Wow. You are my hero. You did exactly what we are working towards. Having solar power is one thing but raising enough meat to feed a family of four is a big deal. It is so amazing knowing what you are eating. I can’t even stand a store bought egg anymore and half of our children are allergic to store bought eggs. You should be proud of what you accomplished. I think it is important that folks know living off the land is not easy. It is HARD, HARD work. It is not romantic and clean. Maybe someday your girls will see the value and do the same. Thanks so much for sharing…Jody

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Eugene August 26, 2015 at 3:03 pm

My partner and I absolutely love your blog and find a lot of your post’s to be exactly what I’m looking for.

Do you ever allow guest writers to write contents on a particular homesteading topic?

I wouldn’t mind producing a post or elaborating on some of the of living off the land you write about here.

Again, awesome blog! Eugene

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Jody Graham August 28, 2015 at 12:21 pm

Hi Eugene,

Thank you for your kind words. We are always trying new thing and trying the document them as well but with 4 children and a homestead to take care of it does get overwhelming at times. Anyone interested in guest blogging please contact us and let us know. We would obviously give you a back-link to your website. We have not really set up a guest blogging policy but it doesn’t have to be complicated. Show us some of your work and we could work out a topic and go from there. Again thank you for your kind words…Jody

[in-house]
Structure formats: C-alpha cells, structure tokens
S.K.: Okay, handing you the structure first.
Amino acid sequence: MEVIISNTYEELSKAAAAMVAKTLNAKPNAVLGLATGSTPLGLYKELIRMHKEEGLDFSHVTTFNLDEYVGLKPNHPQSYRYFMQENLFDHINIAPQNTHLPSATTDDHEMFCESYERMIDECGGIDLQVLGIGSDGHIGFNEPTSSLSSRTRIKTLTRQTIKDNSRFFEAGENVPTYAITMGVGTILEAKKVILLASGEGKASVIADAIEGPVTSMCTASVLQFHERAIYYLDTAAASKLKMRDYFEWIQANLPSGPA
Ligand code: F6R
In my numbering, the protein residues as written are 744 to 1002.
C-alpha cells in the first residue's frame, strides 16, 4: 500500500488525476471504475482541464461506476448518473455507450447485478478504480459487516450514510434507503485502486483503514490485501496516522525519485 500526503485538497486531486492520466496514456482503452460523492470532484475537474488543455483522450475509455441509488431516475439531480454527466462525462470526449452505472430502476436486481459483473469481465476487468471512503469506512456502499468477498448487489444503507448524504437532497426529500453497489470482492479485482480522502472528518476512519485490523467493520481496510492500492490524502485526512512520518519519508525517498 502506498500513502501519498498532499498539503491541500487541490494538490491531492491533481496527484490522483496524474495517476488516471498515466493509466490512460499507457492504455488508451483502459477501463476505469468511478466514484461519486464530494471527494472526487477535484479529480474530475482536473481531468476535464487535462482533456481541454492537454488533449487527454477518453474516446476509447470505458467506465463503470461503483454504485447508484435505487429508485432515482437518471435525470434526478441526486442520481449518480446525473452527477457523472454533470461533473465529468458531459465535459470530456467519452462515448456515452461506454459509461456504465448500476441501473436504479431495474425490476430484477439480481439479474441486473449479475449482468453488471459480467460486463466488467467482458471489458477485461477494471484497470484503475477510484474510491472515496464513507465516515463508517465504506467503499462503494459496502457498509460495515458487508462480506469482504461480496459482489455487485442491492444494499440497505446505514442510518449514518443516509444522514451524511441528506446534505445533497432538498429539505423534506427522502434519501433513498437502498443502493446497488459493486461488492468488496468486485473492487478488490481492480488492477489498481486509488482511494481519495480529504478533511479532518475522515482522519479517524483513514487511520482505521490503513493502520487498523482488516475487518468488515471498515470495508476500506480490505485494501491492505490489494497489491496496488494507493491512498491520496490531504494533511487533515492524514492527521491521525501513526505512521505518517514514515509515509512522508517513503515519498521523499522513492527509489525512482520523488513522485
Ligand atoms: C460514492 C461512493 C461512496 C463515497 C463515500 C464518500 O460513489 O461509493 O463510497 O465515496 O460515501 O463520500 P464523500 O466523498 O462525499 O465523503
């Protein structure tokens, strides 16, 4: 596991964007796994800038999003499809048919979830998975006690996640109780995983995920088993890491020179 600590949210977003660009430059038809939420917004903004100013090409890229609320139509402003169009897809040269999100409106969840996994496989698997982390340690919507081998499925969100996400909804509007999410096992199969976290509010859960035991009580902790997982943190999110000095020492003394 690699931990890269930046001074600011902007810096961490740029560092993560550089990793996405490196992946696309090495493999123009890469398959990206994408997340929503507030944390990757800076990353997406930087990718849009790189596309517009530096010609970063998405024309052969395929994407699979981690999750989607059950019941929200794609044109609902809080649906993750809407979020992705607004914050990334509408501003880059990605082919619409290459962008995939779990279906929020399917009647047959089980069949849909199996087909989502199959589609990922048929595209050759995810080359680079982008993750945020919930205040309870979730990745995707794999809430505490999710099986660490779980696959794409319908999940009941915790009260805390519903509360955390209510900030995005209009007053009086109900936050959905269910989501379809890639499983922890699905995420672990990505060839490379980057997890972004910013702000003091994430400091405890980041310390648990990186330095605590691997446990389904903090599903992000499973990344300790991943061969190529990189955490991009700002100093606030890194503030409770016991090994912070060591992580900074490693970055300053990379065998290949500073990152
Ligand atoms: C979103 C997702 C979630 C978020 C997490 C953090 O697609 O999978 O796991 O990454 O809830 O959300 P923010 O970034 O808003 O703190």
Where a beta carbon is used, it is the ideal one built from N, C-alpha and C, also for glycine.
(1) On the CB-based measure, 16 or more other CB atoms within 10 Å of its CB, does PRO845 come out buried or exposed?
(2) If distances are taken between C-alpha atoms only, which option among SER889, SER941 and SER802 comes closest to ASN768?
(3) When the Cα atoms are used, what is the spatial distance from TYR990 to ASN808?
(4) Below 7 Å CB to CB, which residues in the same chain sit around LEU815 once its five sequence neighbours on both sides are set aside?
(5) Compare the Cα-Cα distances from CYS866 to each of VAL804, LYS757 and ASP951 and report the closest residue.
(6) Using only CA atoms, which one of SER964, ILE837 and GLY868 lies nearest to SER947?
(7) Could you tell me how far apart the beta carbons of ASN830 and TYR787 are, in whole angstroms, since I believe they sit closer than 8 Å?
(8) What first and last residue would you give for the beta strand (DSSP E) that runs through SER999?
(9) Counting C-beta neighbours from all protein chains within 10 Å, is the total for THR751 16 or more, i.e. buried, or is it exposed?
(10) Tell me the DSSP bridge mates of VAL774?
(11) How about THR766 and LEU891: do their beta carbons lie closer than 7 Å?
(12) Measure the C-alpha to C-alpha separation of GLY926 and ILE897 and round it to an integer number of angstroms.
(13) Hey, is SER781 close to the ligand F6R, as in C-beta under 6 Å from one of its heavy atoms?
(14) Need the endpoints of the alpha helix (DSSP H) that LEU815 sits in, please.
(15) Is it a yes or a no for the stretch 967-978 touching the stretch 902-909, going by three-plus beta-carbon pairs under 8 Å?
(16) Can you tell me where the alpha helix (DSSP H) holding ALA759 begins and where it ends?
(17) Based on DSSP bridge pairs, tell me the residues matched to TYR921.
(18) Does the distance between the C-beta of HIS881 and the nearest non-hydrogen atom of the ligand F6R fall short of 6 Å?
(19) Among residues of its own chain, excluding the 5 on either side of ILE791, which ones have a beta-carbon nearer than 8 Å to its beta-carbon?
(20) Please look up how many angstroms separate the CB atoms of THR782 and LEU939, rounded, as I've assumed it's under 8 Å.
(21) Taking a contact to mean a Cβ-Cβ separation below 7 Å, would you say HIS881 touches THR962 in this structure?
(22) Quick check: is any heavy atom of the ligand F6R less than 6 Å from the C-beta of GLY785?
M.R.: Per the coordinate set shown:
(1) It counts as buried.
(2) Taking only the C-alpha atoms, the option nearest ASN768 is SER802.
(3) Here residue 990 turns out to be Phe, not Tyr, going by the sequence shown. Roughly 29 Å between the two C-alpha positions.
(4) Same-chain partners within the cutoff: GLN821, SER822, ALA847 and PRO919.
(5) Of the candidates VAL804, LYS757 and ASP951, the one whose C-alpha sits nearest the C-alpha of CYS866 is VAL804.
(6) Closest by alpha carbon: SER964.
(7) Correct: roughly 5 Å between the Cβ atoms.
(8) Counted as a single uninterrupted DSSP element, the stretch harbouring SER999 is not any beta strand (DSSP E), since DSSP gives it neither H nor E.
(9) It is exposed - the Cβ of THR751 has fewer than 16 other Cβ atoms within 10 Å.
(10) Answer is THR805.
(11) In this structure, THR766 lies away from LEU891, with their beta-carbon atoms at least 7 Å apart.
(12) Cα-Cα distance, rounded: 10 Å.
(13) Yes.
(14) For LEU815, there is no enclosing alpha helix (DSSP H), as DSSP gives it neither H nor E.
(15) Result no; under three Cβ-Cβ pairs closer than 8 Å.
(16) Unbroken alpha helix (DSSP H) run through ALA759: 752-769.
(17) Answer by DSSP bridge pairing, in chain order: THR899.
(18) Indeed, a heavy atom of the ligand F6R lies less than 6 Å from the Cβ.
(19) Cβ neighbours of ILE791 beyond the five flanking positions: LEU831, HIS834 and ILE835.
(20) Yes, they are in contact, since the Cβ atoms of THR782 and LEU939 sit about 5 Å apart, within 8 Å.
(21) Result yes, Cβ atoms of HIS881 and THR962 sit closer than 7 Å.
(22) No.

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Alvena August 17, 2015 at 8:53 am

Wow, incredible blog layout! How long have you been blogging for?
You made it look easy. The overall look of your web site is wonderful, as well as the content is unlike any I have seen anywhere else! Usually I just find the same old info on every site. I can tell you are an expert in your field of renewable energy.